Once mills and factories, these buildings from North Carolina’s manufacturing heyday have become cool venues for creatives, fun-seekers, foodies and history buffs. Plan a visit to feel just as revitalized as these spaces.
Attractions you'll find in this article:
American Tobacco Campus | Camp North End | Emmet's Social Table |Industry Hill
North Carolina Transportation Museum | Optimist Hall | Pinehurst Brewing Company
Rocky Mount Mills | Saxapahaw Rivermill | Transfer Co. Food Hall
1 American Tobacco Campus
1 American Tobacco CampusDurhamSee on map
Restored factory buildings that once churned out cigarettes now anchor the American Tobacco Campus, a development of offices, apartments, retail, lodging, and entertainment venues. At one time, the American Tobacco Company was the biggest cigarette maker in the world, but its Durham operations closed in 1987. Walk through campus and past the Lucky Strike-logoed smokestack and water tower, as well as a man-made river. Dine at white tablecloth NanaSteak or Tobacco Road Sports Cafe, catch a game at Durham Bulls Athletic Park, or walk to a show at the Durham Performing Arts Center. The Aloft Durham Downtown hotel offers loft-inspired rooms with modern decor and views of the historic buildings.
2 Camp North End
2 Camp North EndCharlotteSee on map
Eat, drink and live boho-style in a place where Model T Fords and military missiles once rolled oﬀ assembly lines. Camp North End, a 76-acre industrial site not far from Uptown, houses artists, entrepreneurs and other creative types in spaces that preserve the factory-warehouse character of the buildings while catering to modern uses. Some of the dining options include Hex Coﬀee, Free Range Brewing’s second location, and Leah and Louise (head chef Greg Collier has been nominated for two James Beard Awards). Souvenirs from apparel to accessories to artwork can be found at shops, including That's Novel Books and Windy O’Connor Art and Home. With murals around every corner, don’t forget to snap some photos to take with you as well.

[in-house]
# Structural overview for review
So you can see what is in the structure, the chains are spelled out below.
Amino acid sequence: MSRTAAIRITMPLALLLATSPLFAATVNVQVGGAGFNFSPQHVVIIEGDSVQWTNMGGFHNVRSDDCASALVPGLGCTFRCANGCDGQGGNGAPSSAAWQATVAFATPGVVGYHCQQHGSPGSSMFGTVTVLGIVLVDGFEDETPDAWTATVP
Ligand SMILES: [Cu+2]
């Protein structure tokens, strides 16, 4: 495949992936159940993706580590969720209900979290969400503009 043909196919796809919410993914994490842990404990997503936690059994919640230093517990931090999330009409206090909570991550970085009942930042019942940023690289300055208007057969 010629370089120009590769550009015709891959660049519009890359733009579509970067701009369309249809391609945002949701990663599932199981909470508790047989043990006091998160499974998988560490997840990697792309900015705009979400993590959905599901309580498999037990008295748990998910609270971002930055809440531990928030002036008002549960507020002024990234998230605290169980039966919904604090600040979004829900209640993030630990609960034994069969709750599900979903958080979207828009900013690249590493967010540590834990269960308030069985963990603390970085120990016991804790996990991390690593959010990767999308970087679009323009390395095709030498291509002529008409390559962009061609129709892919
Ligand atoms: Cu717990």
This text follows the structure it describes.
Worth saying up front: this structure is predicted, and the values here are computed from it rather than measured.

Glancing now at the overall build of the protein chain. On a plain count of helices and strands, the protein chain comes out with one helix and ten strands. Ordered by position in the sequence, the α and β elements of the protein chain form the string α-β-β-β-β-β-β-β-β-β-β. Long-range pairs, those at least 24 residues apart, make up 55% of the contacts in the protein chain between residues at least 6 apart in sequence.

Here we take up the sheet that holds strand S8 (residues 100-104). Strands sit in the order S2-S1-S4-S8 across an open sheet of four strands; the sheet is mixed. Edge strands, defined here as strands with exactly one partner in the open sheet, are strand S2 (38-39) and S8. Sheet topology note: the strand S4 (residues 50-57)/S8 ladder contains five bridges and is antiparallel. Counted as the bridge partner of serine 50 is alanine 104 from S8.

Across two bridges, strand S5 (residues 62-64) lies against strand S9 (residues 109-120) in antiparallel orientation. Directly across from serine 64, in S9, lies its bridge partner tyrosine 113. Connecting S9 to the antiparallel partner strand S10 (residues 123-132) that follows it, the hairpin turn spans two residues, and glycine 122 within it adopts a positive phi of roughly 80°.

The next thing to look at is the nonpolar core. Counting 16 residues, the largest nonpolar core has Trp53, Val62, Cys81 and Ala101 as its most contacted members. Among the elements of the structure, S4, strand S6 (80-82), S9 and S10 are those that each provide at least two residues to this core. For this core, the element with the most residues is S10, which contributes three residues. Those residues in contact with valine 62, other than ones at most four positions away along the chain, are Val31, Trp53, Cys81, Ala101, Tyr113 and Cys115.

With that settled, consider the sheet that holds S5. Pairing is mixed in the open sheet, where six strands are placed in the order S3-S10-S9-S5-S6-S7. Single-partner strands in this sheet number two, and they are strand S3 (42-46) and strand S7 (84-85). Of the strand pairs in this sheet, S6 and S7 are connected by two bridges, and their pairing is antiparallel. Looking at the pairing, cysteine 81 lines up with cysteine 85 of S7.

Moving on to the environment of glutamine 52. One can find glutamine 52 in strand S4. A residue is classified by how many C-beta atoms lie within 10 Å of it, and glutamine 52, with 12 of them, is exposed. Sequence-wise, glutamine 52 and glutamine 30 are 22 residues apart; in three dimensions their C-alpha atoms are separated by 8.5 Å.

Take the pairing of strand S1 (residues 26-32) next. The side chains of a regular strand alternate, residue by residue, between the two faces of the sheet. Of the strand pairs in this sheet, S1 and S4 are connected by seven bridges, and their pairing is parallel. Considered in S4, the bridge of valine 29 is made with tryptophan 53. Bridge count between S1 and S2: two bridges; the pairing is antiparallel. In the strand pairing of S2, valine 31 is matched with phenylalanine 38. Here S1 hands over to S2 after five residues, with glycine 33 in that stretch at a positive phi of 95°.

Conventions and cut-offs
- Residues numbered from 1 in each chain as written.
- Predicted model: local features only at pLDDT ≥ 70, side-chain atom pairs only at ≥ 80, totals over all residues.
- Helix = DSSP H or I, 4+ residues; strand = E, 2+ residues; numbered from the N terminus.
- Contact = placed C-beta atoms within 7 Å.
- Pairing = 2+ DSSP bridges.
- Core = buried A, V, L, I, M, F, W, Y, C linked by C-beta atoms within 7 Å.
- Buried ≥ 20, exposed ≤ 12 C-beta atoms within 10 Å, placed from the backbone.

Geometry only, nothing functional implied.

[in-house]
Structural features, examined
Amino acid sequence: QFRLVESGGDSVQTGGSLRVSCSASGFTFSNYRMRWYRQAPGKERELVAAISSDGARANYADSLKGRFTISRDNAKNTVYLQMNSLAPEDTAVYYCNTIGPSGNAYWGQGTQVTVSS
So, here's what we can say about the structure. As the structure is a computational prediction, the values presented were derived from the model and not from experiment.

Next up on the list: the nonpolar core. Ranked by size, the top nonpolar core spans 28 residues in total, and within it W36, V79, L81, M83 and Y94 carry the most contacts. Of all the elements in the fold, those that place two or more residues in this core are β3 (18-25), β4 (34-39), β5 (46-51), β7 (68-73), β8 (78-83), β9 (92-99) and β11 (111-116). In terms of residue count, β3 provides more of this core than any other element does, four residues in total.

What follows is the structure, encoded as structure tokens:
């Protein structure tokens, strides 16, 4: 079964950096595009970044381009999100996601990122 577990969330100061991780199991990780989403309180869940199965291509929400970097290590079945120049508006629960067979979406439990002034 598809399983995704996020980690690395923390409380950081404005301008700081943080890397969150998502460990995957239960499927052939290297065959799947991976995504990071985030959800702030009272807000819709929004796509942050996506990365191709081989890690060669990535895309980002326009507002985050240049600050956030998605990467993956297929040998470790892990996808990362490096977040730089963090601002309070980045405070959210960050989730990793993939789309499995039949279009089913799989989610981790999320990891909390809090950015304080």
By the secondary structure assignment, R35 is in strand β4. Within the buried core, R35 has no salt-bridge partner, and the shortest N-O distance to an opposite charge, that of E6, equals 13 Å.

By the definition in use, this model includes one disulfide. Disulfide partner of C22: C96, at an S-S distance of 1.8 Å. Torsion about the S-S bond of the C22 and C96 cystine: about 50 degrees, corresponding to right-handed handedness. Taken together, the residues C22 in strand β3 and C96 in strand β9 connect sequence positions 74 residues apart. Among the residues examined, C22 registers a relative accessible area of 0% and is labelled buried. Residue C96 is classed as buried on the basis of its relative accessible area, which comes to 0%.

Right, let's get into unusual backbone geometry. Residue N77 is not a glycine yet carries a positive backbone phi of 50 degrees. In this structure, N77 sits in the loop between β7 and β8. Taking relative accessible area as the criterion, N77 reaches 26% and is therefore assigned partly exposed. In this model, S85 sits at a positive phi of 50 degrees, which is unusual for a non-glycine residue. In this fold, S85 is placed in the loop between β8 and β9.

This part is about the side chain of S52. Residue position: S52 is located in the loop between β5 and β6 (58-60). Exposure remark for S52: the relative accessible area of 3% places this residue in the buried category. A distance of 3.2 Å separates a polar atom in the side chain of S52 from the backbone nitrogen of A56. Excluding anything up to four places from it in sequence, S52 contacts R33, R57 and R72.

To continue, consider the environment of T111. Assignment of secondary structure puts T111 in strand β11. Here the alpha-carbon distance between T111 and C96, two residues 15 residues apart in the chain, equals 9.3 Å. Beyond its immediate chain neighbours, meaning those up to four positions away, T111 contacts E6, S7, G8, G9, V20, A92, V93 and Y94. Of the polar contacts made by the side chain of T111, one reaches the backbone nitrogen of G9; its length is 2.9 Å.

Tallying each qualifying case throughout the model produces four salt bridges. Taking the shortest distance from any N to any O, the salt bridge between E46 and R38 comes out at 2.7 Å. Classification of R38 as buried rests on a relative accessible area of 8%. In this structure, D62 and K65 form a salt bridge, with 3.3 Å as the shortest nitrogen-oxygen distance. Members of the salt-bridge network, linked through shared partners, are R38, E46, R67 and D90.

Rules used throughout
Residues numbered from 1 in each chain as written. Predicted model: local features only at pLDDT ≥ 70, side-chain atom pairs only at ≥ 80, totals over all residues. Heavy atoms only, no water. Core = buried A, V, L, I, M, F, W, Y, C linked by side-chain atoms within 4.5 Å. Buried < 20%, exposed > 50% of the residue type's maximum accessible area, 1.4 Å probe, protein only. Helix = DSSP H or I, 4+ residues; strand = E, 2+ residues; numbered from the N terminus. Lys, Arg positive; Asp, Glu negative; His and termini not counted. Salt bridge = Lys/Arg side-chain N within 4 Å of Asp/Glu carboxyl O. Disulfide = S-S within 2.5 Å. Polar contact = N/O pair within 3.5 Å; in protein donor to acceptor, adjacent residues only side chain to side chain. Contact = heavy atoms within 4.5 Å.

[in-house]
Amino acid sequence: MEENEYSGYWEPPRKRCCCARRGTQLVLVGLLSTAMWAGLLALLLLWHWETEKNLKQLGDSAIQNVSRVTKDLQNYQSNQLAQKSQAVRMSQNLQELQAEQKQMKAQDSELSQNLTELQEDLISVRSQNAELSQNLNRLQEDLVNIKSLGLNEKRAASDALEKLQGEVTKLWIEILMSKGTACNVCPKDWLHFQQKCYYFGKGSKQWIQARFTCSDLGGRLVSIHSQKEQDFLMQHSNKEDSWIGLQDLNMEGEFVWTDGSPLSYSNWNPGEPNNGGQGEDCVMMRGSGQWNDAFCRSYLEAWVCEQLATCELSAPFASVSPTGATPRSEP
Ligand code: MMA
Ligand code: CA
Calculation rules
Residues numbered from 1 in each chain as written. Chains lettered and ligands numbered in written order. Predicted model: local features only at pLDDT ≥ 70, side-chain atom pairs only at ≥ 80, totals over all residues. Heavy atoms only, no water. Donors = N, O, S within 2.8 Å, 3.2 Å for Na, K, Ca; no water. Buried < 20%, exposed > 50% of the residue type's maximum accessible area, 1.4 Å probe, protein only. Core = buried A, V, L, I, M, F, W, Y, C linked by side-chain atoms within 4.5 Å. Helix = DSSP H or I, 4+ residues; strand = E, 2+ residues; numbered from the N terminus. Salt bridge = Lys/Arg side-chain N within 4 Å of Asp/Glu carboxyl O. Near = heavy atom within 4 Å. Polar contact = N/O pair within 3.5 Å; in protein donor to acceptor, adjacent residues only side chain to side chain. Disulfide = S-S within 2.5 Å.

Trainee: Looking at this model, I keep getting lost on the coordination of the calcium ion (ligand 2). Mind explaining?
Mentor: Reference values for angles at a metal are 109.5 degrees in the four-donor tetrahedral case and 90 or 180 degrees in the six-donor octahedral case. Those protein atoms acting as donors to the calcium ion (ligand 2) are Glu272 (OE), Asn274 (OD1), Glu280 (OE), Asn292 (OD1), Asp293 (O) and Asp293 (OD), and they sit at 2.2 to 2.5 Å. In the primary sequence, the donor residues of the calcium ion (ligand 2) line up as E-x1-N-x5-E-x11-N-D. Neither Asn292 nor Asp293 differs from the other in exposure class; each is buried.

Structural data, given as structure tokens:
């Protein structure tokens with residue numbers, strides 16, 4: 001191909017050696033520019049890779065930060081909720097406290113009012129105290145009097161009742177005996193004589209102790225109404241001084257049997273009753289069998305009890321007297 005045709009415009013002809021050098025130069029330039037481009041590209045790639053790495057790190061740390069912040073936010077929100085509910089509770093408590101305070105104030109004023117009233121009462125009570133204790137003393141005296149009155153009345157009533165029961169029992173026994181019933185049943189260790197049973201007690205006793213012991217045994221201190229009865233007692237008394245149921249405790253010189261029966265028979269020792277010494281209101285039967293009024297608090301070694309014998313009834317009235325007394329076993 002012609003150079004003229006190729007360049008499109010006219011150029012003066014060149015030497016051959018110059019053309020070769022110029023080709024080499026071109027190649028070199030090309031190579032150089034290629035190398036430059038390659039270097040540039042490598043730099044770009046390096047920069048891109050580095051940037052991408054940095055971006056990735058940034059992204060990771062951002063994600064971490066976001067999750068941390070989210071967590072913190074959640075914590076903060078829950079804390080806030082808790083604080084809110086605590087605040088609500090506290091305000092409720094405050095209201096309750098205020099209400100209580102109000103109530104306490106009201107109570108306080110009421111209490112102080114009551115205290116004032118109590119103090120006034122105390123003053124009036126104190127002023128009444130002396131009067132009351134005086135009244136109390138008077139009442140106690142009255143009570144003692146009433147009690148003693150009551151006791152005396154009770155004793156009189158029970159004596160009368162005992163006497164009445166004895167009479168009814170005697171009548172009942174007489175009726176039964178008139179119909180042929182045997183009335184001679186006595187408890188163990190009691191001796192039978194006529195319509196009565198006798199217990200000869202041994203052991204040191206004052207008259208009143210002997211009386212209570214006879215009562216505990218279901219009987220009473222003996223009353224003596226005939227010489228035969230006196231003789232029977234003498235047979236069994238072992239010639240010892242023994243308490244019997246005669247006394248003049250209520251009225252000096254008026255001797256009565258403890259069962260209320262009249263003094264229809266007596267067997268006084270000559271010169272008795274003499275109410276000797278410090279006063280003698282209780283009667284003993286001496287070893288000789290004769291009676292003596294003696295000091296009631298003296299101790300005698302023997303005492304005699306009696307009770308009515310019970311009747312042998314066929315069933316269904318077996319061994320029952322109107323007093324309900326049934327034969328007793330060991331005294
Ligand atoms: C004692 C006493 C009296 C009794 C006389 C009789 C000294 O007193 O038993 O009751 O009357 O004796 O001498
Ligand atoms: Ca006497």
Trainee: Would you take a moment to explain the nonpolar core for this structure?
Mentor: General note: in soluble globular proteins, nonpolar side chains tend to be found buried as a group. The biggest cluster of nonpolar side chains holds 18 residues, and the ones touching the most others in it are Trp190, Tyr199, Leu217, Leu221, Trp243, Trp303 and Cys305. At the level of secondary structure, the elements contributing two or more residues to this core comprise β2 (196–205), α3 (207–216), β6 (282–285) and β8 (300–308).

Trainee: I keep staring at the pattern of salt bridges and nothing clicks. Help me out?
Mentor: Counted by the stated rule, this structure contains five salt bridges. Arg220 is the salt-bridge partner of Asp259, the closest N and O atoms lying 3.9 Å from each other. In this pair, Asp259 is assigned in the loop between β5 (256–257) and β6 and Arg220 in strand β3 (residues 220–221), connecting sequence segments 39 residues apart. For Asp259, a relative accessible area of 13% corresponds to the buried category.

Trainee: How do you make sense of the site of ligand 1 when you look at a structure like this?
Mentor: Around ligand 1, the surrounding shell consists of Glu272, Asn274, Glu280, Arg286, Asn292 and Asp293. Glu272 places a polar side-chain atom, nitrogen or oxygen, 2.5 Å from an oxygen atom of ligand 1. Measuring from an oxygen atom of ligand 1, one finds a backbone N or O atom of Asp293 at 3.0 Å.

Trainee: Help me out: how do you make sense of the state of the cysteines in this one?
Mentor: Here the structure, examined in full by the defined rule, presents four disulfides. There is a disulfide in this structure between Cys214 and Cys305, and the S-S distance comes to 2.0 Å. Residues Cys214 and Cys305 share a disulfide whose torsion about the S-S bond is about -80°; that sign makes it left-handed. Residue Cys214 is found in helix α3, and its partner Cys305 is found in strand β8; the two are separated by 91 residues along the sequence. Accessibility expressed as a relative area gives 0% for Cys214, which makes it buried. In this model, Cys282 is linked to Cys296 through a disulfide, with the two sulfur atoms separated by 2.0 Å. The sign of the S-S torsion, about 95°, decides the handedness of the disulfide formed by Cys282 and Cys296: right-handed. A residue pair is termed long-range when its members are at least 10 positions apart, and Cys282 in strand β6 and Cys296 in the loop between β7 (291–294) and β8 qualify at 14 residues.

3 Emmet’s Social Table
3 Emmet’s Social TableWaxhawSee on map
With Emmet’s Social Table’s exposed brick and ceiling pipes, diners can only imagine all that’s occurred inside the former turn-of-the-19th-century cotton mill. Share a variety of small plates for a full tour of flavors; local favorites include the poke-stuffed avocado, tenderloin flatbread, German beef sliders and pork belly tacos. Whether you dine inside or on the outdoor patio, don’t forget the ice cream flight featuring four flavors from Waxhaw Creamery. Pro tip: Visit on a weekday to take advantage of the sweet specials. Emmet’s also sports an extensive gluten-free menu.